Hey everybody! Seeing Jakecat back kind of makes me feel like it's "old home week" here at TT. I think I joined just after he did. Anyway, I've been driving for 2 years now. I was OTR for a bit over a year, then went local since last November. About 2 months ago I was ready to go back to regional. Driving nights from 18:00 to 06:00 every day was getting to me. Fortunately, the manager switched me to day shift, which was a lot better. Still, I felt that better opportunities were out there, so after doing some research, I decided to go with a smaller company here in the Chicago area. I'll still be driving days, though now it will be local Intermodal. The company I left had 15,000 trucks. The new place has 50. What a change that will be. They are also a family-owned company that is a whopping 10 minutes from where I live, so I'll be laying out a lot less dough at the gas pump. I went through the interview and passed the road test, so now I'm just waiting for the drug test to come back so I can train for 2 days. It will be helpful I'm sure just to learn the equipment and getting in and out of the rail yards. I'll also need to get my HAZMAT endorsement, which I've already started studying for here at TT. I'm glad that TT has something here for experienced drivers looking to learn more as well as plenty of material for new drivers just starting out. I know I've said this before, but hopefully I'll come back a bit more often with updates and to offer some help to new drivers if I can add anything that is useful.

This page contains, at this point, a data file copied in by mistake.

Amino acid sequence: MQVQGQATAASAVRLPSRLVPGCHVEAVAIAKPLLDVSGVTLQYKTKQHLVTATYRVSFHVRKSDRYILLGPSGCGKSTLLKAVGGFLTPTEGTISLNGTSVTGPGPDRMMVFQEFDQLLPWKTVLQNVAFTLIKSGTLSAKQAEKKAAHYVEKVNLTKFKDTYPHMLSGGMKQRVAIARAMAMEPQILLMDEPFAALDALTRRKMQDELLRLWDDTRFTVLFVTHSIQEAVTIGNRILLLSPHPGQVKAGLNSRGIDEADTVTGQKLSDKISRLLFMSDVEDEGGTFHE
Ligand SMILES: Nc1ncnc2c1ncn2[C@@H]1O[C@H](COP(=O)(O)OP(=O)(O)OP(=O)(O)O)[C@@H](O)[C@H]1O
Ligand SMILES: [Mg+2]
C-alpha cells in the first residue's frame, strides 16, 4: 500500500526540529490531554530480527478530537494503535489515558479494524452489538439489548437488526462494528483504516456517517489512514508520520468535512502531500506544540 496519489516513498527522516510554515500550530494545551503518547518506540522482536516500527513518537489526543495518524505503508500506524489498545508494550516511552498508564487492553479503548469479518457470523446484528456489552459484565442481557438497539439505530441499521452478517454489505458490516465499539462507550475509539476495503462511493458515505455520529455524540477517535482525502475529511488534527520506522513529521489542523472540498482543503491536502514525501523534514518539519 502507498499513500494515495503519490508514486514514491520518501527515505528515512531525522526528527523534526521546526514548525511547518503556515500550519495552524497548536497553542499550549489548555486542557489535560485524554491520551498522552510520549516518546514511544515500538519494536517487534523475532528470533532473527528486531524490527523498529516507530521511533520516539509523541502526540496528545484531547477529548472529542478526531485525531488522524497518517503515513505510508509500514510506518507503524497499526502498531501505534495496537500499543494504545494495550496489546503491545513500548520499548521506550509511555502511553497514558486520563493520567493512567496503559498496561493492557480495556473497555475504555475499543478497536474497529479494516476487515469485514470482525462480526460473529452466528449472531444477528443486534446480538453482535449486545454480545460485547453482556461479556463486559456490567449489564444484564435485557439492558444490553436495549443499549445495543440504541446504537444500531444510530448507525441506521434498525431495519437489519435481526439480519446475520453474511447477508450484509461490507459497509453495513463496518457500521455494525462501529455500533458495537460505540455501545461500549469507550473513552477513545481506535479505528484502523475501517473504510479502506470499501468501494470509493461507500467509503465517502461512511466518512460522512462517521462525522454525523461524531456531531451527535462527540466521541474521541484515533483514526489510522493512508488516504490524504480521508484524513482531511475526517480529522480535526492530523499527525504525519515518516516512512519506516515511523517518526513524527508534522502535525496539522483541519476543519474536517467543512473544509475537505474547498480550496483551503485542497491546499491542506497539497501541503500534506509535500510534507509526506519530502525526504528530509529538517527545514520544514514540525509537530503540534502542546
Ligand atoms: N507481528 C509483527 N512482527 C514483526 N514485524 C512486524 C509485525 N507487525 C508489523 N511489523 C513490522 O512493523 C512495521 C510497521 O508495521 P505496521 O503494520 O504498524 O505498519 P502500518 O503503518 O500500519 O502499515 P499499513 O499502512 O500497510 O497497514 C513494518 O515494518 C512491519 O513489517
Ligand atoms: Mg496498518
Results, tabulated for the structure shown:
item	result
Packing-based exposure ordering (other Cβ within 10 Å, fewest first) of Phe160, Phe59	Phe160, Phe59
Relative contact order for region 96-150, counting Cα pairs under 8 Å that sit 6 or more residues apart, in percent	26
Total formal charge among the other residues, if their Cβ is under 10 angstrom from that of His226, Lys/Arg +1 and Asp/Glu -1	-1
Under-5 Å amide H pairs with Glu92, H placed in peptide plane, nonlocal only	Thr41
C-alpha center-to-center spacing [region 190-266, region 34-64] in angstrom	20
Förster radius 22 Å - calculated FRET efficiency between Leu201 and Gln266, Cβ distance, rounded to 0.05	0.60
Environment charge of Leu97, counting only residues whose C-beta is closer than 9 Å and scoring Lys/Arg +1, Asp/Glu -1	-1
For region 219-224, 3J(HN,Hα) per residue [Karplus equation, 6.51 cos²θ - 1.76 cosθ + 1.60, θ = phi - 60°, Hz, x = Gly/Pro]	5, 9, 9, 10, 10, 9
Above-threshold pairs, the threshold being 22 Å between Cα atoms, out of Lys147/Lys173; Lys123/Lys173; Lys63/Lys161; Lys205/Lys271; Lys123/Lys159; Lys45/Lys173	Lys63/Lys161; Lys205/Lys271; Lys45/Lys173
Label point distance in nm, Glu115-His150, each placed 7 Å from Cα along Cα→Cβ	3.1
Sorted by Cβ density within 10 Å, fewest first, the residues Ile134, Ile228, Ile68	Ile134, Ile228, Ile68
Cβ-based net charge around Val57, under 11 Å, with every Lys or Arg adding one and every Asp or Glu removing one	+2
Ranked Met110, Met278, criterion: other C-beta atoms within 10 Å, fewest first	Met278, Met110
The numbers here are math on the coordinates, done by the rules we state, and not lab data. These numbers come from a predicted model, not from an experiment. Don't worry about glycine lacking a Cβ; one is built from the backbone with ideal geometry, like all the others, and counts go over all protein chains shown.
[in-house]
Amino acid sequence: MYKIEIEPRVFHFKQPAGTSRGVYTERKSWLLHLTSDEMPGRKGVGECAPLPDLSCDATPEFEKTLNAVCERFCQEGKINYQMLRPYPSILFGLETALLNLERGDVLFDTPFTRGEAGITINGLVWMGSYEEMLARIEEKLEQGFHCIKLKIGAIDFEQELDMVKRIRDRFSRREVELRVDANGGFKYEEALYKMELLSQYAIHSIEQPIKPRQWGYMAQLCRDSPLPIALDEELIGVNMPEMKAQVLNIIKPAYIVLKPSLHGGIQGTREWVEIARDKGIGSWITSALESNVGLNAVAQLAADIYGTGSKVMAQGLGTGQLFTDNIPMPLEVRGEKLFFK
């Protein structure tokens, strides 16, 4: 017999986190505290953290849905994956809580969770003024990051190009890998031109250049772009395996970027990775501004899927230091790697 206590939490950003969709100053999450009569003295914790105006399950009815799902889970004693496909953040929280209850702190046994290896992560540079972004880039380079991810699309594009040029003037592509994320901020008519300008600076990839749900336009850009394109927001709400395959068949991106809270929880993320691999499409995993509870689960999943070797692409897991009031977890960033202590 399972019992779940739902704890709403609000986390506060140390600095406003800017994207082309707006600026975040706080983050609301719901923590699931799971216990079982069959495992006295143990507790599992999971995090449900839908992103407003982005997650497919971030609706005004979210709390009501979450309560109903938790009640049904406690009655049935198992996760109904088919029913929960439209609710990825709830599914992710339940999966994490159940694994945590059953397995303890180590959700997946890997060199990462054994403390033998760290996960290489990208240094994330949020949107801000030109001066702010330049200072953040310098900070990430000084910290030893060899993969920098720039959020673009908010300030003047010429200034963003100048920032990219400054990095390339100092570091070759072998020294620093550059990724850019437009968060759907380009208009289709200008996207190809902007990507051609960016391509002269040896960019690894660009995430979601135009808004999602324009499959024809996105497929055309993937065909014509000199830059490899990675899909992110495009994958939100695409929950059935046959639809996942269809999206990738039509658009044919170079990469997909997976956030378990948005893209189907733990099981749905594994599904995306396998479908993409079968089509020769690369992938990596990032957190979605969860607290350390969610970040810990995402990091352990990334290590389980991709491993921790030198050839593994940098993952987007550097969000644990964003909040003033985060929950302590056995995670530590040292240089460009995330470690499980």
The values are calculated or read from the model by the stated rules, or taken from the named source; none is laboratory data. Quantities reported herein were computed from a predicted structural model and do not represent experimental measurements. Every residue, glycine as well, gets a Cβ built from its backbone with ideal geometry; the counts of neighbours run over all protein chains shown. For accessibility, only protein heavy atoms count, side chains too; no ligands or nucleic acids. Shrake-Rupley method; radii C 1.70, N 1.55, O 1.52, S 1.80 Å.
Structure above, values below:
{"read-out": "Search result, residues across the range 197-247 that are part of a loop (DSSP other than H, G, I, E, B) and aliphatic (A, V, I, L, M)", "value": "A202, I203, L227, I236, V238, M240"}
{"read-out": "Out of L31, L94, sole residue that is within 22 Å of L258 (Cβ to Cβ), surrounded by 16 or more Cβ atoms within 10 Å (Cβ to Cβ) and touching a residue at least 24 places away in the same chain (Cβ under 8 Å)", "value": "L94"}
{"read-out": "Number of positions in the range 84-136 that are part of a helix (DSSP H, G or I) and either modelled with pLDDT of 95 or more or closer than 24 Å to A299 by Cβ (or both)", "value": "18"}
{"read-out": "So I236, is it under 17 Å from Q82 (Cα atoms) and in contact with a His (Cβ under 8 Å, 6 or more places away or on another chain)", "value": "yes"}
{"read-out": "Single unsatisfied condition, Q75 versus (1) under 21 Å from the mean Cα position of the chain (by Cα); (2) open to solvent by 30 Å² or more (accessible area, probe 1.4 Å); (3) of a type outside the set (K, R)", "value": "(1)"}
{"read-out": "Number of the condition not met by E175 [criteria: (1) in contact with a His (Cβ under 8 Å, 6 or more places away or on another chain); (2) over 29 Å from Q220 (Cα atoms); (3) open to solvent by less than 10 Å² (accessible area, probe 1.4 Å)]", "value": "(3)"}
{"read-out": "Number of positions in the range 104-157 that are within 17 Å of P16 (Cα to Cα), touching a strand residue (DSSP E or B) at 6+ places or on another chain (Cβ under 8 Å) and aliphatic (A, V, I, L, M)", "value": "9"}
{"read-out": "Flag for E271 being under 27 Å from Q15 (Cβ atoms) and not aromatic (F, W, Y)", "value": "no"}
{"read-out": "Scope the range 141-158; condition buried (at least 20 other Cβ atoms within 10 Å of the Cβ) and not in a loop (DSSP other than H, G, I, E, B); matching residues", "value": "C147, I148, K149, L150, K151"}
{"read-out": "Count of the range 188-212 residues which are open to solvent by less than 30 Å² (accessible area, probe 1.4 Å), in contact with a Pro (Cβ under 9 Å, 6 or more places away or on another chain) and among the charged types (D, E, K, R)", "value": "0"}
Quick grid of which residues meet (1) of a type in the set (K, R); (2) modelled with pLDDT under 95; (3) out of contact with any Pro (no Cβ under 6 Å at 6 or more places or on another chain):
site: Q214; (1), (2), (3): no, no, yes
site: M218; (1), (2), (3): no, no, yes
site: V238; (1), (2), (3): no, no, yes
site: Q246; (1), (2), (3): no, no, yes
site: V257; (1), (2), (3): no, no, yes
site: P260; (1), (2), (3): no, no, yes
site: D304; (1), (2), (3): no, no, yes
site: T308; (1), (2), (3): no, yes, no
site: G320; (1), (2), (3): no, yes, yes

Posted:  9 years, 1 month ago